One thing that archaeology often fails to deal with is who made these things? Take Stonehenge for example. Who are the people that made it? Archaeologists claim they don’t know exactly who built them, saying that we can still determine if something was designed even if we don’t know who designed it. Besides, they say, the origins of these designers (the “ancient humans”) lie outside the realm of archaeology and instead belong to the realm of biology. The fact that archaeology does not explain the origin of the designers is nothing but cowardice on their part. Whether these pseudoscientists like it or not, their “designers” are a part of their explanation, and as a result those designers need a separate explanation for their existence. Consequently, if a theory does not explain the origin of the designer, then such a theory is vacuous. It explains nothing. There is another problem also. Archaeologists claim that, even if we didn’t know that the designers were human, we would still rationally conclude that these “artifacts” were designed. According to archaeology, if we found, say, a Rosetta Stone or an obelisk on Pluto, the “rational” conclusion is that they were designed. In this case, archaeologists still have the problem of who designed the designer, and they cannot appeal to known biology to explain where the designers came from. Who designed the designer in this case? The archaeologists would have no answer, only speculations. Because the fundamental principles of archaeology demand that the alleged artifacts were intelligently designed even when we don’t know who the designers are, it is clear that such principles are flawed.
Another pseudoscientific argument to support the archaeological position is the use of analogies. They claim that we determine if things were designed or not all the time. We can tell that computers and radios were designed, so similarly we can tell that the alleged artifacts were designed also. The problem with this argument is that it is a false analogy. There are many more differences than there are similarities. Computers and radios have traits that nature doesn’t have, like electronic circuits, plastics, buttons, switches, and so forth. Alleged artifacts like the Rosetta Stone don’t have any of those things.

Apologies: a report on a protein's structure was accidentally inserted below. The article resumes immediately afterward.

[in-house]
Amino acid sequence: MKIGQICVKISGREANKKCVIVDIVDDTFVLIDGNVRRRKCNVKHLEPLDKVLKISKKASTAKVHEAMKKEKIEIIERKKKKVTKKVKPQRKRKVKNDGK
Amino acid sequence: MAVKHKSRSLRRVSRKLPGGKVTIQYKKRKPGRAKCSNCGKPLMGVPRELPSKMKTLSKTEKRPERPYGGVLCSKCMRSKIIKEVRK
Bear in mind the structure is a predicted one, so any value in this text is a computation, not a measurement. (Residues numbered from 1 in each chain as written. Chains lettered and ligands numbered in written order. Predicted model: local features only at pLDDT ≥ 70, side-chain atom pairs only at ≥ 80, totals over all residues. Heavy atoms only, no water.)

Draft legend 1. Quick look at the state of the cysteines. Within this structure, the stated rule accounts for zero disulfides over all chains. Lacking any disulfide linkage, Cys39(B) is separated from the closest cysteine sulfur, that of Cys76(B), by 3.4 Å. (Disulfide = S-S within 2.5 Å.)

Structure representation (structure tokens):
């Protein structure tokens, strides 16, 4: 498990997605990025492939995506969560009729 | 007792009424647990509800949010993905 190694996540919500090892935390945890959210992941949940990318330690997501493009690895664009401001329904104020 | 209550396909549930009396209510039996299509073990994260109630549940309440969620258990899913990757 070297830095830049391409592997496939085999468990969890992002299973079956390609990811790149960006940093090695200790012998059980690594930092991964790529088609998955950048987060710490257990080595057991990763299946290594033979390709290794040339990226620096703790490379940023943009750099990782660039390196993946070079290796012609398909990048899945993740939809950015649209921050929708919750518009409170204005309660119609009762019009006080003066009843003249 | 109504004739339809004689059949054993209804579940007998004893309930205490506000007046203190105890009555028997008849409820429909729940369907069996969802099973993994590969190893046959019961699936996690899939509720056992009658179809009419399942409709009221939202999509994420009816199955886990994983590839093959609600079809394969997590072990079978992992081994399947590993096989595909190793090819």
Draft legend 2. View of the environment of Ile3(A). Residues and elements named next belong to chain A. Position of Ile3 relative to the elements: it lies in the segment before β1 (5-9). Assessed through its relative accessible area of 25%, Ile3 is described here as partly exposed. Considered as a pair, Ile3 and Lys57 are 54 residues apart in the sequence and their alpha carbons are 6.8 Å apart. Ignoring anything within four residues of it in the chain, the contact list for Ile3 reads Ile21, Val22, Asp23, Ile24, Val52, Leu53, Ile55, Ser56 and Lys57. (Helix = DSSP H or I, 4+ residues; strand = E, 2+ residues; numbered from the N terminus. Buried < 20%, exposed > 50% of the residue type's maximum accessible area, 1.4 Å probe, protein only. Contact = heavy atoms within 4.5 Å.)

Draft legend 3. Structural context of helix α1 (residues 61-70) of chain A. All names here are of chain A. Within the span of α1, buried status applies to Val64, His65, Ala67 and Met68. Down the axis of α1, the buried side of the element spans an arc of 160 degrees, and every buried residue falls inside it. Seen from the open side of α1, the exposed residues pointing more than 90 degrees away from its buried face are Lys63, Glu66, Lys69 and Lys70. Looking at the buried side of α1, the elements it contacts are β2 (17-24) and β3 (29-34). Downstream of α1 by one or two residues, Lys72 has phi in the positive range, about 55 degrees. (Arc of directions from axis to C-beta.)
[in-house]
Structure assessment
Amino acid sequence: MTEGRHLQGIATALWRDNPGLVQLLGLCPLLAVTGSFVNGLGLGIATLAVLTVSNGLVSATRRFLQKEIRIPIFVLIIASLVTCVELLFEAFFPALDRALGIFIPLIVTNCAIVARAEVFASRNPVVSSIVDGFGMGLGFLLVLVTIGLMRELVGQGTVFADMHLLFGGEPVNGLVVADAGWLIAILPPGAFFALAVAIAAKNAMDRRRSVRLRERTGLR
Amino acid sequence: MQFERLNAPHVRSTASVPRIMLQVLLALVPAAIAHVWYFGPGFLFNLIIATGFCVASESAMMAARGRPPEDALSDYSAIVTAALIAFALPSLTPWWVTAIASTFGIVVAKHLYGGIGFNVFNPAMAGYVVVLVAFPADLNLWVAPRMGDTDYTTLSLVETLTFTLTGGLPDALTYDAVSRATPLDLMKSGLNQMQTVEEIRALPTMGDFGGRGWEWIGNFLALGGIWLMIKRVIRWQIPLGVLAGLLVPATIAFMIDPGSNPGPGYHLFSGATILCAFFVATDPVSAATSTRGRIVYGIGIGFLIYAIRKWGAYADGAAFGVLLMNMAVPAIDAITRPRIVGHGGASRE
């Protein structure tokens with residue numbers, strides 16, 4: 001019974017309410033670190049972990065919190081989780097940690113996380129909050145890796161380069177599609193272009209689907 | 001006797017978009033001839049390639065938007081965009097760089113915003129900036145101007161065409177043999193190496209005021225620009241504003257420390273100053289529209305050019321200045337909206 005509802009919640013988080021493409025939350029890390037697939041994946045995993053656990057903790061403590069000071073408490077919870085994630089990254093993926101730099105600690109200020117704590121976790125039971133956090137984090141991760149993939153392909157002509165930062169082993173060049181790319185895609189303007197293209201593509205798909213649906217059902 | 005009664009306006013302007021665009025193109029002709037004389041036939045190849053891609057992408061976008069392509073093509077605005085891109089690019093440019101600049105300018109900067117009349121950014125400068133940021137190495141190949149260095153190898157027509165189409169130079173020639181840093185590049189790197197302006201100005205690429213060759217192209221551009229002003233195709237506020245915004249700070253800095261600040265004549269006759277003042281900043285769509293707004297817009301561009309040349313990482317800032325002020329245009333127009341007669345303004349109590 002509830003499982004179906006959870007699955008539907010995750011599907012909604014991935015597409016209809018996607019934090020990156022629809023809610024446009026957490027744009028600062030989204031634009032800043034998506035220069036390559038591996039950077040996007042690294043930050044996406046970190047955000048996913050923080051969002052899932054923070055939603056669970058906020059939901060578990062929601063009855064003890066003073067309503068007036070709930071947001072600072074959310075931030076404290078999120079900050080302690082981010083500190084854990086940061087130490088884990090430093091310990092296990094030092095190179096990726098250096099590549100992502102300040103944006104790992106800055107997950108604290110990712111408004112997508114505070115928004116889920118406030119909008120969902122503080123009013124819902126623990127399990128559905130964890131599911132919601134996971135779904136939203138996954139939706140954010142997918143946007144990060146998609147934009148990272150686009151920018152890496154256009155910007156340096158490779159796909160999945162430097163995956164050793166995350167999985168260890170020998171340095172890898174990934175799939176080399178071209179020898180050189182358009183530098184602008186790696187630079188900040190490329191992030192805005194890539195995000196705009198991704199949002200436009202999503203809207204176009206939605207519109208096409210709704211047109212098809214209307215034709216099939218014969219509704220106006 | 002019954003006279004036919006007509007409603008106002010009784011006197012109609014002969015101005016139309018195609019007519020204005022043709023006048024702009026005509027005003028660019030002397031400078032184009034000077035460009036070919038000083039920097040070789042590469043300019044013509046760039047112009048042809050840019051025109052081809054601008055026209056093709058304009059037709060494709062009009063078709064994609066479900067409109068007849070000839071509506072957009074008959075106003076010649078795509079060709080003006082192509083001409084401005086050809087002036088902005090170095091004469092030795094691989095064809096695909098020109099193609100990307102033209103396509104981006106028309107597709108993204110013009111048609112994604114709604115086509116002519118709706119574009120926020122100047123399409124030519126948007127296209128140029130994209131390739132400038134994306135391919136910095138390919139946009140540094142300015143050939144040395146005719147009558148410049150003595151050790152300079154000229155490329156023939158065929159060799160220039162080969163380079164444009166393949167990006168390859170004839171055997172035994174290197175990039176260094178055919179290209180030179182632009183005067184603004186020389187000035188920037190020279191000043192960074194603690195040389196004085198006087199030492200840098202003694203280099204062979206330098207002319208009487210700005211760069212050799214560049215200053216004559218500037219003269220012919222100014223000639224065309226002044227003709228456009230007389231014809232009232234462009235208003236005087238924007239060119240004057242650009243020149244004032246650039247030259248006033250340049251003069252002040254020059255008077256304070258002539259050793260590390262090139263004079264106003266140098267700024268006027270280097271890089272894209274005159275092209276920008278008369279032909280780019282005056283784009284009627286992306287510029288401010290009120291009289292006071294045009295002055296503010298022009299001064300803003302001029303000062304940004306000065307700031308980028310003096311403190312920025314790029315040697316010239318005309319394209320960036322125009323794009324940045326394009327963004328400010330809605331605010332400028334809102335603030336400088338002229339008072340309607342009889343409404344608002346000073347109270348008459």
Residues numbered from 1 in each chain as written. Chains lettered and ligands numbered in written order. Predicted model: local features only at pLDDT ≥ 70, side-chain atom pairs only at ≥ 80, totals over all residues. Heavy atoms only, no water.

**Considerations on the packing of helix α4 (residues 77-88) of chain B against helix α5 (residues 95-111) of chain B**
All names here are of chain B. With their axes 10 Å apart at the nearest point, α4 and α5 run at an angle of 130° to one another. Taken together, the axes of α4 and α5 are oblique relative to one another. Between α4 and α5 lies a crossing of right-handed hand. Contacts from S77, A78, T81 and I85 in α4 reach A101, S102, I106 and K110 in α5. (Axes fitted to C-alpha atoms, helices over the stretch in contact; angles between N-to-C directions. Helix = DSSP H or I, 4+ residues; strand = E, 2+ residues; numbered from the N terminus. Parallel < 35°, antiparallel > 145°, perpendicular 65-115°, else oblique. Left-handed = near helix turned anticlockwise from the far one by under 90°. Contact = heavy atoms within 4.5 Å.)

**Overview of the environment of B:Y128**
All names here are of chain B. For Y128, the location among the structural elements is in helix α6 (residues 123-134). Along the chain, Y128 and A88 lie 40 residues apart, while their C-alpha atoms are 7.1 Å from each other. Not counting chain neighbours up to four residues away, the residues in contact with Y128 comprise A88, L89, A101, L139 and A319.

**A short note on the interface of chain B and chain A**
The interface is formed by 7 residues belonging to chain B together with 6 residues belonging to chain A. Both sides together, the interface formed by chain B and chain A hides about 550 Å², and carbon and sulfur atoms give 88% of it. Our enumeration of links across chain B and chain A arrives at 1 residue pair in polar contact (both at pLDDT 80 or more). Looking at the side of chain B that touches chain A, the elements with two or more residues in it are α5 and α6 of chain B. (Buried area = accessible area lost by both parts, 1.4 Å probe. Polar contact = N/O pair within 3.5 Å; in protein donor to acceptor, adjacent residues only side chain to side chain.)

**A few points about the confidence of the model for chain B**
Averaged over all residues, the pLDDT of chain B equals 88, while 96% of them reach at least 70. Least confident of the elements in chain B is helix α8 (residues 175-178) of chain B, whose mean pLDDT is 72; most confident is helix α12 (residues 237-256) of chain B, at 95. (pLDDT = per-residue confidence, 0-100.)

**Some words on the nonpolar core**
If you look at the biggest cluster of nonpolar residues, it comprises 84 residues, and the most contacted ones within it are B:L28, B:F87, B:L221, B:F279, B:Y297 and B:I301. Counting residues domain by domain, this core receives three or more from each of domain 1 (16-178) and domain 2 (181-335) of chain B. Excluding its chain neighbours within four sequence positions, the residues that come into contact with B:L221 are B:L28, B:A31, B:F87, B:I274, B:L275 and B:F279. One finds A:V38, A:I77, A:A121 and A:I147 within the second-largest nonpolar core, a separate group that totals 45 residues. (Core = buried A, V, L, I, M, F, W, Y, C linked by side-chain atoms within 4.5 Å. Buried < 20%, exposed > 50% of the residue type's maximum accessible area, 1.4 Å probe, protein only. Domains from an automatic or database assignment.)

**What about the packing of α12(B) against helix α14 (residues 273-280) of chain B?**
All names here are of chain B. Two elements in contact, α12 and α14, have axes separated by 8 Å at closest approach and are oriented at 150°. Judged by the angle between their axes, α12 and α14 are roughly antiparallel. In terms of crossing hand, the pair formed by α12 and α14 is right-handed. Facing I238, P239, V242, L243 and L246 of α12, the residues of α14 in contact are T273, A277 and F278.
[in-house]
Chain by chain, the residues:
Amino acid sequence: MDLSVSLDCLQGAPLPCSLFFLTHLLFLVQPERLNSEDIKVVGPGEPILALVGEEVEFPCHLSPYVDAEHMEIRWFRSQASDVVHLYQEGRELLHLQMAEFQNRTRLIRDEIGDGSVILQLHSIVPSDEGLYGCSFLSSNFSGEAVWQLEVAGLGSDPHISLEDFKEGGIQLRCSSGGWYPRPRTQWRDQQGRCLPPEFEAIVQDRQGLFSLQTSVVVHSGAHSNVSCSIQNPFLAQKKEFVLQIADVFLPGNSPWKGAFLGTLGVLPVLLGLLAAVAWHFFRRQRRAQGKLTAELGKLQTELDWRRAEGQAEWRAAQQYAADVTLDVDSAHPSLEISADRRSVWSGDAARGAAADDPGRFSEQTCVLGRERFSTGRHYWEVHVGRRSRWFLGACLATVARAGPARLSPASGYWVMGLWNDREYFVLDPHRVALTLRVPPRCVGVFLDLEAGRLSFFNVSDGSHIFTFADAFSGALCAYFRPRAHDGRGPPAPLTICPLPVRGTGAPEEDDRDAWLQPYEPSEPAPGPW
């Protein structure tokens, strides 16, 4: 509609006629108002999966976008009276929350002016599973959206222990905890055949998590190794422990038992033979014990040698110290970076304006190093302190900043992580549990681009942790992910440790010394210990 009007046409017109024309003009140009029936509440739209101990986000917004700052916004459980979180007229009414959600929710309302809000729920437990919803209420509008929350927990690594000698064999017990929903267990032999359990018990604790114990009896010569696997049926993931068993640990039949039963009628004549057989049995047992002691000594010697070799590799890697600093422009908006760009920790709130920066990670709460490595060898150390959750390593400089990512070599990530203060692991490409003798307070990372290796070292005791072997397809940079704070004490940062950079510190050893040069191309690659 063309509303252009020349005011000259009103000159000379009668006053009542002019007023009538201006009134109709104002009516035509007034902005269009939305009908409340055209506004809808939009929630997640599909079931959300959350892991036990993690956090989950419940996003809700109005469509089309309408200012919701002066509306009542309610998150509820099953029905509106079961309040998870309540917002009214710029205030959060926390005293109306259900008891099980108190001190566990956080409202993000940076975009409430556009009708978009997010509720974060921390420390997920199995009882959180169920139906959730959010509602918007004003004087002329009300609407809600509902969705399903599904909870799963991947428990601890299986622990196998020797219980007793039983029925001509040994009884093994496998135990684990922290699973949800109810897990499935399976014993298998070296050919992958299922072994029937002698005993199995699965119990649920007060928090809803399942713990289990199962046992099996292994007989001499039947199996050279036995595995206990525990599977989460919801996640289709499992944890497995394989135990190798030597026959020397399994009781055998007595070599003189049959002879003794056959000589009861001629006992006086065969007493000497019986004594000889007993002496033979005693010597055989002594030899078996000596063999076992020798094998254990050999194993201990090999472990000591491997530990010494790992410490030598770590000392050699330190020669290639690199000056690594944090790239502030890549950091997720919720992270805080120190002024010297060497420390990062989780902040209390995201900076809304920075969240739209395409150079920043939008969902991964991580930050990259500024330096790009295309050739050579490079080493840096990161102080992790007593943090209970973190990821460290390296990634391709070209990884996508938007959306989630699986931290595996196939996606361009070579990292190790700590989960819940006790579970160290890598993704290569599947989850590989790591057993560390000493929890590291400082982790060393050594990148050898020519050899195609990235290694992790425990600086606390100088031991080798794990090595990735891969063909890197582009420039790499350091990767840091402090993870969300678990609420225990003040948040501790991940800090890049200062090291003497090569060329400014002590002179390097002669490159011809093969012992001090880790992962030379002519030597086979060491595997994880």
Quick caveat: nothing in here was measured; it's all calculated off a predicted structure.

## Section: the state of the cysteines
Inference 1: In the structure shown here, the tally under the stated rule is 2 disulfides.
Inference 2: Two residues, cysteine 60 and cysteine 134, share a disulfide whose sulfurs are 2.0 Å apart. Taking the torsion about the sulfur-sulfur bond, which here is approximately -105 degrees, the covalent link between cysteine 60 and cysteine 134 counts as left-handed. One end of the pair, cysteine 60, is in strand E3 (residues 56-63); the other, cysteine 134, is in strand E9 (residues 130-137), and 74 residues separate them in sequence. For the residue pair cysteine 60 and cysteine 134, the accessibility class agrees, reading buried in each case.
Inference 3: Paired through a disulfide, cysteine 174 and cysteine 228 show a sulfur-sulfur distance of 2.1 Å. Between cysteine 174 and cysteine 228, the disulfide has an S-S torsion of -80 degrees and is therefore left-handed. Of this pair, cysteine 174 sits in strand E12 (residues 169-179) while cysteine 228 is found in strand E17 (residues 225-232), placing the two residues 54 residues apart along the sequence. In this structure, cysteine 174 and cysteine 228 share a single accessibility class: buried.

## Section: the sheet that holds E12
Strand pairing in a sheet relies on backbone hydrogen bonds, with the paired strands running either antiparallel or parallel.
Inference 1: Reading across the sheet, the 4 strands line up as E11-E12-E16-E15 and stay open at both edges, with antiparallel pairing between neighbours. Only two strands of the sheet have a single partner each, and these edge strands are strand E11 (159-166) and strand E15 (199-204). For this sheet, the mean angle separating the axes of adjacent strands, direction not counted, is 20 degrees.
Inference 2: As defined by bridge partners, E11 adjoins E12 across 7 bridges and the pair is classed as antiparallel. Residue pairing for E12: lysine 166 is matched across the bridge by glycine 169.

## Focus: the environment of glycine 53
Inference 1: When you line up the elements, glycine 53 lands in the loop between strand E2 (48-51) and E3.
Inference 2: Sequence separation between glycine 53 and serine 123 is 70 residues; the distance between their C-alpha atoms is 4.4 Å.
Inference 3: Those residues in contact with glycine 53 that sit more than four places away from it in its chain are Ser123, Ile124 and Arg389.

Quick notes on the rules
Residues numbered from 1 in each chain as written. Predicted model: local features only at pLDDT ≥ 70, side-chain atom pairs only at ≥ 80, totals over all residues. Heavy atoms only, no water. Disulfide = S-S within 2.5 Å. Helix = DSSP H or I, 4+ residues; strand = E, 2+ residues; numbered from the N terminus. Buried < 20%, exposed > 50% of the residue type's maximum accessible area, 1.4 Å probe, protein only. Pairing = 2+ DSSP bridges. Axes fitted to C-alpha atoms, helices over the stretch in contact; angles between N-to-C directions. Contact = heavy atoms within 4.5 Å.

Other archaeological pseudoscientists point out that there are already branches of science that deal with artificial intervention. Forensic science, for example, can help determine if a person’s death was the result of natural causes, planned murder, or some sort of accident. The forensic example shows that, if there is something unnatural about someone's death, then their death was the result of artificial intervention (murder). To determine that some things in nature were intelligently designed (like Stonehenge), you would have to show that nature exhibits unnatural traits, but this is logically impossible. Also, this sort of “design” found in murders is vastly different from those alleged artifacts found in archaeology, which means this is just another false analogy.
Science is making progress on how things in nature are being formed. In addition to the observed fact of self-organization in nature, there are known processes that explain the existence of some things that have the superficial appearance of design (like the “boot” shape of Italy). Things like the Rosetta Stone are made of material that responds to known geological processes that form its shape. Archaeologists object, saying that these arguments involving geological processes and so forth do not go into enough detail on how the artifacts could have been formed. However, the level of detail needed to satisfy these archaeologists is impossible to obtain. We can’t go back in time to find out how exactly geological processes formed them can we? Besides this, archaeology has similar problems in figuring out how things were made. How were the pyramids and obelisks of Egypt constructed? Archaeologists don’t know, they can only speculate.
Clearly, there is no good evidence for archaeology. There are only arguments from ignorance and emotional appeals. How do we know that things were formed naturally? All one has to do is look at nature and these alleged artifacts. There are undeniable similarities between Stonehenge and other things and nature. For example, they are both made of stone. The same can be said with the Rosetta Stone (anyone who thinks that the Rosetta Stone is not made of stone is just being stupid). As was mentioned before, these “artifacts” are composed of material that responds to recognized geological processes that form its shape. These similarities prove that they were formed naturally.
Why is archaeology so popular? The answer is simple; it’s because of religious motives. The Bible speaks of cities like “Babylon” and “Nineveh” and other ancient things. To support their religious belief, archaeologists pathetically search nature to find things they think were artificially created. Not only that, but the very concept of intelligent design is an inherently religious belief. The end result is a clear pseudoscientific dogma.